Diathermy is a therapeutic treatment most commonly
prescribed for muscle and joint conditions. It uses a high-frequency electric
current to stimulate heat generation within body tissues.
The heat can help with various processes, including:
- increasing blood flow
- relieving pain
- improving the mobility of tissues as they heal
There are three main types of diathermy: shortwave, microwave, and ultrasound.
Shortwave diathermy uses high-frequency electromagnetic energy to generate heat. It may be applied in pulsed or continuous energy waves. It has been used to treat pain from kidney stones, and pelvic inflammatory disease. It’s commonly used for conditions that cause pain and muscle spasms such as:
Microwave diathermy uses microwaves to generate heat in the body. It can be used to evenly warm deep tissues without heating the skin. Since it can’t penetrate deep muscles, it’s best suited for areas that are closer to the skin, such as the shoulders.
Ultrasound diathermy uses sound waves to treat deep tissues. Heat is generated by the vibration of the tissue. This promotes blood flow into the area. Ultrasound diathermy is used for:
- musculoskeletal sprains
- muscle spasms
- joint contractures or adhesions
Diathermy uses high-frequency electric current to produce heat deep inside a targeted tissue. It can reach areas as deep as two inches beneath the skin’s surface.
The diathermy machine does not apply heat directly to the body. Instead, the waves generated by the machine allow the body to generate heat from within the targeted tissue.
Diathermy is usually part of a complete physical therapy or rehabilitative regimen. Frequency and length of treatments vary.
Treating injuries with heat can increase blood flow and make connective tissue more flexible. It can also help minimize inflammation and reduce the incidence of edema, or fluid retention.
By increasing blood flow to the site of an injury, the deep heat generated with diathermy can accelerate healing.
Diathermy is used to treat the following conditions:
- back pain
- muscle spasms
- sprains and strains
However, there is still not a lot of evidence to prove that diathermy is the most effective treatment for these conditions.
The electromagnetic energy used in shortwave and microwave diathermy can cause extreme heat in metal devices such as:
- bone pins
- dental fillings
- metal sutures
This could cause burns in the tissue near the implant. The procedure should not be used over these areas to avoid the risk of burning.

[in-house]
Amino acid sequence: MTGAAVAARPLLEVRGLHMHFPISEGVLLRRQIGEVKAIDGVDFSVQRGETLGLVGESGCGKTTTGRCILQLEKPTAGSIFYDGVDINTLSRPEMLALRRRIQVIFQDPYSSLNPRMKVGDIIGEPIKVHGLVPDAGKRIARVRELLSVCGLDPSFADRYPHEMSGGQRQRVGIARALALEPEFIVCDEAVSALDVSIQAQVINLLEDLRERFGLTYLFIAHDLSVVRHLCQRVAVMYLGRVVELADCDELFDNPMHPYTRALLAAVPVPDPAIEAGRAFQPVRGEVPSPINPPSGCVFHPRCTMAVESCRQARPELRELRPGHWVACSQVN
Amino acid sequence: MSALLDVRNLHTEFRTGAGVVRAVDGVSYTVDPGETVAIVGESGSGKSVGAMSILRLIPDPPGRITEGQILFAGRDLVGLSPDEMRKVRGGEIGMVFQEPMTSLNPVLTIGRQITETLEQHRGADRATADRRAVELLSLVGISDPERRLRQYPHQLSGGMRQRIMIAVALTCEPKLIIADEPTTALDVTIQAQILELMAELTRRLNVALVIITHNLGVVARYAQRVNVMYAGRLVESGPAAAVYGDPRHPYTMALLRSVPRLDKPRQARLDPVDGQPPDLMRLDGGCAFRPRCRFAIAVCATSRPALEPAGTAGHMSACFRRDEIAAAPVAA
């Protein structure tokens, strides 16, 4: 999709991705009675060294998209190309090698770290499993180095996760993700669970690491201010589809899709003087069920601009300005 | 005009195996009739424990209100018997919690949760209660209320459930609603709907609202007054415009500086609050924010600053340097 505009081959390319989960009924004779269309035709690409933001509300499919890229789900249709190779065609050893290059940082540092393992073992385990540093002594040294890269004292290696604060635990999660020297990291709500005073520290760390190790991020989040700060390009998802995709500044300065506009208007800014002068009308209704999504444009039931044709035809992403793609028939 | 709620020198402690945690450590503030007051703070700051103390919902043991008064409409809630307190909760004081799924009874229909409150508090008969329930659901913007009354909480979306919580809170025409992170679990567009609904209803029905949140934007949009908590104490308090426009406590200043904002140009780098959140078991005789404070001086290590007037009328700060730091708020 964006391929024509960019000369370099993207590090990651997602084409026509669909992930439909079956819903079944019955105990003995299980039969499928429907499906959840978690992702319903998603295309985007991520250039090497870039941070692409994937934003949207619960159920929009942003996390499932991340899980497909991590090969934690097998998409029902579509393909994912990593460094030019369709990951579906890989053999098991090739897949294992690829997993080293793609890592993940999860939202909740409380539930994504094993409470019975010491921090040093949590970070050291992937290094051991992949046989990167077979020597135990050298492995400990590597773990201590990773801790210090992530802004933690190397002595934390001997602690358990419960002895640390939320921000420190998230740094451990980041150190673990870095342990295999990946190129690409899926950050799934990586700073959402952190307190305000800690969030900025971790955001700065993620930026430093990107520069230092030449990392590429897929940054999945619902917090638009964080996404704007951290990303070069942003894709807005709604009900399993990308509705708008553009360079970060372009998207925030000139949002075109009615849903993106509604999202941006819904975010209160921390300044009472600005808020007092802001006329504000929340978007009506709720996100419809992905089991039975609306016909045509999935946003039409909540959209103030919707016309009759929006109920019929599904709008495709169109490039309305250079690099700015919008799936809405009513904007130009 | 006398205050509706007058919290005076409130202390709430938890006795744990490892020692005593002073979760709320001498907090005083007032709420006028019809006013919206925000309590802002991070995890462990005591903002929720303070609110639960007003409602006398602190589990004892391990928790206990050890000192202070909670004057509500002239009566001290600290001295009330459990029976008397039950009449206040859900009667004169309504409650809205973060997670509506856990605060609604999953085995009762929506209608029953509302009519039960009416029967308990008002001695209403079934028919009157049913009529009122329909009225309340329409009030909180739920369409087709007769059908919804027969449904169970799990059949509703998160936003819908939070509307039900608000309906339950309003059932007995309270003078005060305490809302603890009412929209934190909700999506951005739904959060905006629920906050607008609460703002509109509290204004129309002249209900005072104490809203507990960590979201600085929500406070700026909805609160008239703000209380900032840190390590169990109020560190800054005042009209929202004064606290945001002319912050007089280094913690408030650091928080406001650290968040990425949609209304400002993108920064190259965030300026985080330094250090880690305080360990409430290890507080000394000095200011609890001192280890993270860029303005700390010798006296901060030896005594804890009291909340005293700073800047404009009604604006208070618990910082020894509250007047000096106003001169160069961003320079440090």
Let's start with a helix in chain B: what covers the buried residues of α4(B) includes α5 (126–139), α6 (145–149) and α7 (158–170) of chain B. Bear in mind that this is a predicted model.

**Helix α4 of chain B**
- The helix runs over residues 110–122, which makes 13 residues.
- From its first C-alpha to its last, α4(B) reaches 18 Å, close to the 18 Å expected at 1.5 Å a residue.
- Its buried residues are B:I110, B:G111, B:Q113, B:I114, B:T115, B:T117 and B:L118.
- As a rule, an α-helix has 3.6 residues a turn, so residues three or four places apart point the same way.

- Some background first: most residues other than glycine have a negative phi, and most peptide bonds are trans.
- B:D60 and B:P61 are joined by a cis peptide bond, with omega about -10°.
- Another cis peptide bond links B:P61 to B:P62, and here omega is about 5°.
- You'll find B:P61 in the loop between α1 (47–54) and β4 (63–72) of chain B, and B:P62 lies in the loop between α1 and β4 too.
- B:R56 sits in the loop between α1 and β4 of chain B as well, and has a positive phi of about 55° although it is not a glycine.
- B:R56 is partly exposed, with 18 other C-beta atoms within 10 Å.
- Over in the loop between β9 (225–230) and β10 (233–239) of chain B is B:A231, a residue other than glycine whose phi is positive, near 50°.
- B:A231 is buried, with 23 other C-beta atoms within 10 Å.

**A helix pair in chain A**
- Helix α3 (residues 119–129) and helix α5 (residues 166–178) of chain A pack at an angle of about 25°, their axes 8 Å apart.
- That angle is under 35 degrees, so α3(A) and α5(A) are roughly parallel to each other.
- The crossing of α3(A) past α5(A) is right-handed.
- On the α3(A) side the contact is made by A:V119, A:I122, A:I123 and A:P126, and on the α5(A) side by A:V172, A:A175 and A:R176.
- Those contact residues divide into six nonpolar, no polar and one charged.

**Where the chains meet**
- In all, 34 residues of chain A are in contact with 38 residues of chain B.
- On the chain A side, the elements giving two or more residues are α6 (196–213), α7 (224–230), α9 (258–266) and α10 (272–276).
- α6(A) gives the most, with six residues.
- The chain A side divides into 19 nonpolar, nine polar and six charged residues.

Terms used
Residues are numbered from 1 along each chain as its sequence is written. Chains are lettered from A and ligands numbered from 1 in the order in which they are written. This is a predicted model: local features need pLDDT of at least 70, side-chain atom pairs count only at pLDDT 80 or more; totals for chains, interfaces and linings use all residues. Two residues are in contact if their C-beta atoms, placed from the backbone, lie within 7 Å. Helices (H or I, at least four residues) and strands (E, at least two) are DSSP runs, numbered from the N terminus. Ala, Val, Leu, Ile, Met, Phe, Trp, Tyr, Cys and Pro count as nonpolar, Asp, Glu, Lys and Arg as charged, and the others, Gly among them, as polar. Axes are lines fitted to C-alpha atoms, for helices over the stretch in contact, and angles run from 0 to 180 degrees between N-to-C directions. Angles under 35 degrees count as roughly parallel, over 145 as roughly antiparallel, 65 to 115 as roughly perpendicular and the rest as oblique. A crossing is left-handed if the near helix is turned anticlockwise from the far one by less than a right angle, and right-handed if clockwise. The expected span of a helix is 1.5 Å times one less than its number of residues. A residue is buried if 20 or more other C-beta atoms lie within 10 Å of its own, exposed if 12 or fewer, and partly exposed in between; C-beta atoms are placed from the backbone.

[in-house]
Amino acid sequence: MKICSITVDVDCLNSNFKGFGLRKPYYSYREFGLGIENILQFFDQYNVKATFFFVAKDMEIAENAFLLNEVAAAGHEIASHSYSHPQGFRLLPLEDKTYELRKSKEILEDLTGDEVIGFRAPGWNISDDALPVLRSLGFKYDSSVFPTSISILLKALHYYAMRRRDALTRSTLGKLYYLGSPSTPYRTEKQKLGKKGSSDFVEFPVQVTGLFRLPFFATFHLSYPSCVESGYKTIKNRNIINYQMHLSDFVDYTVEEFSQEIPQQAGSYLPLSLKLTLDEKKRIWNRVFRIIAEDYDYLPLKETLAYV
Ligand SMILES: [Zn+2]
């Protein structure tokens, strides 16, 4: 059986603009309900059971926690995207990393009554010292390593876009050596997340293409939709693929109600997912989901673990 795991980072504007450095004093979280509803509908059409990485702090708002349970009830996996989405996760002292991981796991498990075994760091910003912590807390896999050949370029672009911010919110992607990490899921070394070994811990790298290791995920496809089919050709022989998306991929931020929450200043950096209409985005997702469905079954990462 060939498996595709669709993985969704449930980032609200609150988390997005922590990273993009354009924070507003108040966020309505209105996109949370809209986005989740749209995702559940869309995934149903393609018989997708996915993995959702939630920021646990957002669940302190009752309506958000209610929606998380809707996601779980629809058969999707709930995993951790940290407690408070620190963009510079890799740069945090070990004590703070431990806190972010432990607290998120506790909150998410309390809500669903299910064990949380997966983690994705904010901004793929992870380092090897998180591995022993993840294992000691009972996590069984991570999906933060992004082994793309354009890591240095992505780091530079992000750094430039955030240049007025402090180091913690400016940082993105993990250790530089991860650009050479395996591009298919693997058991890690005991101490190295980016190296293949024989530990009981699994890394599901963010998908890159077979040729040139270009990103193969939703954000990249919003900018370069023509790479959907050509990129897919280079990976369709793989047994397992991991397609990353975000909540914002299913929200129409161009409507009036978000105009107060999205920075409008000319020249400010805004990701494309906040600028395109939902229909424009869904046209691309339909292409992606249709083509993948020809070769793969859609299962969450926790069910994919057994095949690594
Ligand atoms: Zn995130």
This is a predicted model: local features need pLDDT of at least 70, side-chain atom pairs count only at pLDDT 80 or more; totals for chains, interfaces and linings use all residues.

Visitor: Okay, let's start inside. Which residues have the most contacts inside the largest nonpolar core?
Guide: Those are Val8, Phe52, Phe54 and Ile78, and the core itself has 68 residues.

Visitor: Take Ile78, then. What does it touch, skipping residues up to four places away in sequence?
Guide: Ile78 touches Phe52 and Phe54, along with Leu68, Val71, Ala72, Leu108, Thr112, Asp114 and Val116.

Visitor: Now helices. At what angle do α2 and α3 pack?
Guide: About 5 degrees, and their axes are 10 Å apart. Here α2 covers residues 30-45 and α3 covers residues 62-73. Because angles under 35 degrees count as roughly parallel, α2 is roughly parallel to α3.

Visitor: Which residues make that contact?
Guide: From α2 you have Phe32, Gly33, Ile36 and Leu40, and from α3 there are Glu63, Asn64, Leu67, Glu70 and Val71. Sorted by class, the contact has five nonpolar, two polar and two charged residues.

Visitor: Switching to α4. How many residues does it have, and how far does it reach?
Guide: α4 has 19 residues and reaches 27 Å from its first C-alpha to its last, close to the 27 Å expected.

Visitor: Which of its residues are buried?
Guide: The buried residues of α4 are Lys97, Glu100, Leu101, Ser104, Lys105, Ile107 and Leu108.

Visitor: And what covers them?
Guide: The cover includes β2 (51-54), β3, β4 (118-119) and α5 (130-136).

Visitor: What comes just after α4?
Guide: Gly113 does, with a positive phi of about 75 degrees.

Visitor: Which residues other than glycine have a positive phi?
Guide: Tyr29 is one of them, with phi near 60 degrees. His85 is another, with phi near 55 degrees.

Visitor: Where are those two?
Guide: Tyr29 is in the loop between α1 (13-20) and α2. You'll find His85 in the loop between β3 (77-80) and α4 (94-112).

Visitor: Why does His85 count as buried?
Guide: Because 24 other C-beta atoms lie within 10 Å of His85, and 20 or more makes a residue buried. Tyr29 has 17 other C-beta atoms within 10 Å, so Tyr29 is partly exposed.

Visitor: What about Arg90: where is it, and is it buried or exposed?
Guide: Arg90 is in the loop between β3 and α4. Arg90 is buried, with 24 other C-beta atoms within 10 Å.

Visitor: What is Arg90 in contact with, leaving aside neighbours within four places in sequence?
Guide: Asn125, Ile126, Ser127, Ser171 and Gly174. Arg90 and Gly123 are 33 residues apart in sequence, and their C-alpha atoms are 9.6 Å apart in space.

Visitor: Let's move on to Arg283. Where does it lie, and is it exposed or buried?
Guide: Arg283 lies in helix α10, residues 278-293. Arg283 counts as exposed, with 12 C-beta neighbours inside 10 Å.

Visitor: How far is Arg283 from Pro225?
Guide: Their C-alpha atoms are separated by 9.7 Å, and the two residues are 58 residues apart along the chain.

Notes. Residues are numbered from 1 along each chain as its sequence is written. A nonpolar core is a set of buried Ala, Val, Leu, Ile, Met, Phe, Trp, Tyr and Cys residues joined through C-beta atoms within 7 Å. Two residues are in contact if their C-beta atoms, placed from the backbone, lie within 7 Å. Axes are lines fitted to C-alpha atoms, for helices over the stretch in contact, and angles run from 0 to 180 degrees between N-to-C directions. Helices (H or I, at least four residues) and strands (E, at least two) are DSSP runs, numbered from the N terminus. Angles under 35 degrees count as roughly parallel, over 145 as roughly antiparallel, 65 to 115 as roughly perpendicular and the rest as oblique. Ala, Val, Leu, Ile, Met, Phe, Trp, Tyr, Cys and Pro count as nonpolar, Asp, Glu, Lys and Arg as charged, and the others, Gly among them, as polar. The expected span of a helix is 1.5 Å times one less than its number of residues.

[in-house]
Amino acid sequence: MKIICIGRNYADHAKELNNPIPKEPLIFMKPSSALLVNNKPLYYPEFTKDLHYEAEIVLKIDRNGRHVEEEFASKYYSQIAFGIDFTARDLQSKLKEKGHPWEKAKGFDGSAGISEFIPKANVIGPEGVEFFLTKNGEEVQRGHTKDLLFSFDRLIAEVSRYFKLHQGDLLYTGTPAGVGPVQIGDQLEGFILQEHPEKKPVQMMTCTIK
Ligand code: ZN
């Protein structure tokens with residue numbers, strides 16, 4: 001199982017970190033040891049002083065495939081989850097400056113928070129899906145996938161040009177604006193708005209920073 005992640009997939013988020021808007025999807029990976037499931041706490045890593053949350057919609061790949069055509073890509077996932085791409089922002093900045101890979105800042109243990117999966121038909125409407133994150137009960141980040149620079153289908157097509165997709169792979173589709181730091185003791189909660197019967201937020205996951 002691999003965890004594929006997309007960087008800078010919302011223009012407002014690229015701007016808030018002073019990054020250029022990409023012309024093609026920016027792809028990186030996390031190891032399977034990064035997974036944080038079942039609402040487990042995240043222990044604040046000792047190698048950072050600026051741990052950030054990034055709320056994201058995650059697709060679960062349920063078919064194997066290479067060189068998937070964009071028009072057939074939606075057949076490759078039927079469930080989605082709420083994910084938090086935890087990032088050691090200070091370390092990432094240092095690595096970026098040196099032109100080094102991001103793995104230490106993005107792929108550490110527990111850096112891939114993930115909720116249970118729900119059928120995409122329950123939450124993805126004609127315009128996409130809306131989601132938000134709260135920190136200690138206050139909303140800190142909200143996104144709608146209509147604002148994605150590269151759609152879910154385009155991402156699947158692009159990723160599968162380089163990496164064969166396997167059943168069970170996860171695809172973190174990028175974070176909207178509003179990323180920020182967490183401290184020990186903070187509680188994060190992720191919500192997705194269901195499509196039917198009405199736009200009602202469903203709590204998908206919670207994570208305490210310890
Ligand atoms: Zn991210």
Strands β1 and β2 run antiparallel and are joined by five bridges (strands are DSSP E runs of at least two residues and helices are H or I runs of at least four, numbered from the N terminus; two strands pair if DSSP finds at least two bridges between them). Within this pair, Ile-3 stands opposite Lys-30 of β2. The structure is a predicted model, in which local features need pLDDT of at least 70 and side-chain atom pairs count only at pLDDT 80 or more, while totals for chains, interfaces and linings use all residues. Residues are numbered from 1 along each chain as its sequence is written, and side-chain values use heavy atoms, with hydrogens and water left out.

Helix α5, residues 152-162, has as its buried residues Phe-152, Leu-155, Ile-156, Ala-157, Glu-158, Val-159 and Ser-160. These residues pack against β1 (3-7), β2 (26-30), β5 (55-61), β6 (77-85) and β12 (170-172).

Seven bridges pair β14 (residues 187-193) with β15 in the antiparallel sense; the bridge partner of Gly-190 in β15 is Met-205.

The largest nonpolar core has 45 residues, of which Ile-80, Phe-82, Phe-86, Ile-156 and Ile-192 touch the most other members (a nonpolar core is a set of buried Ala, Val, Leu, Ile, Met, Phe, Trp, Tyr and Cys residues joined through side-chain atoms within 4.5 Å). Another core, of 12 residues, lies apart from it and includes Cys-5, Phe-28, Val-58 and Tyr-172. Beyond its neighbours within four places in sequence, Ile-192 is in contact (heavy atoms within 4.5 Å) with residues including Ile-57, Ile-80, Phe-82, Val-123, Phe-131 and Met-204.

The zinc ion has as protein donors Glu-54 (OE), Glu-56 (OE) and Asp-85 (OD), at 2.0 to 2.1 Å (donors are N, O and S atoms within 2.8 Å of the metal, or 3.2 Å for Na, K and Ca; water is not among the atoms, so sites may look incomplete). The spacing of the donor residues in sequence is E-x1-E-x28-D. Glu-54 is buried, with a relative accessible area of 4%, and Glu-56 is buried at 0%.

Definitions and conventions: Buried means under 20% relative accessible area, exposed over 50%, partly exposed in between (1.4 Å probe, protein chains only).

During diathermy treatment, you become a part of the electrical field. Touching a bare metal object, including a metal part of the diathermy cabinet, can cause a shock or burn.
Diathermy should be avoided over open growth plates in children.
People with implanted metal devices may be at risk for injury if they undergo any type of diathermy. These devices include:
- intrauterine device (IUD)
You may not be an appropriate candidate for this treatment if you have:
- reduced skin sensation
- peripheral vascular disease
- tissue with restricted blood supply (ischemia)
- fractured or broken bones
- bleeding disorders
- severe heart, liver, or kidney conditions
- low skin sensation
- wound dressings
Diathermy is not considered safe for certain areas of the body. These include:
- spinal cord
- reproductive organs
Before a diathermy session, you must remove:
- all metal jewelry
- clothing that includes metal, such as zippers or buttons
- accessories containing metal
You may be given a gown to wear during the procedure. You also may be asked to wear goggles.
Depending on the type of diathermy and the location of the affected area, you lie on a table or sit in a chair during the procedure.
For ultrasound diathermy, the therapist applies a gel to the affected area of your body. In shortwave and microwave diathermy, gel is not used, and the affected area may be wrapped in a towel to avoid direct contact between the skin and the electrodes.
During shortwave and microwave diathermy, two electrodes are positioned near the affected area. In ultrasound diathermy, a therapist moves a wand continuously over the affected area.
You must remain still while the treatment is being administered. You may feel a warm or tingling sensation during the treatment, or you may feel nothing at all.
After a diathermy treatment, the affected area may feel more flexible. You may be able to participate in physical therapy behaviors more comfortably and for a longer period of time.
The increased blood flow to the affected area may induce healing and tissue repair.
Medically Reviewed by: University of Illinois-Chicago, College of Medicine
Published By: Healthline Networks, Inc.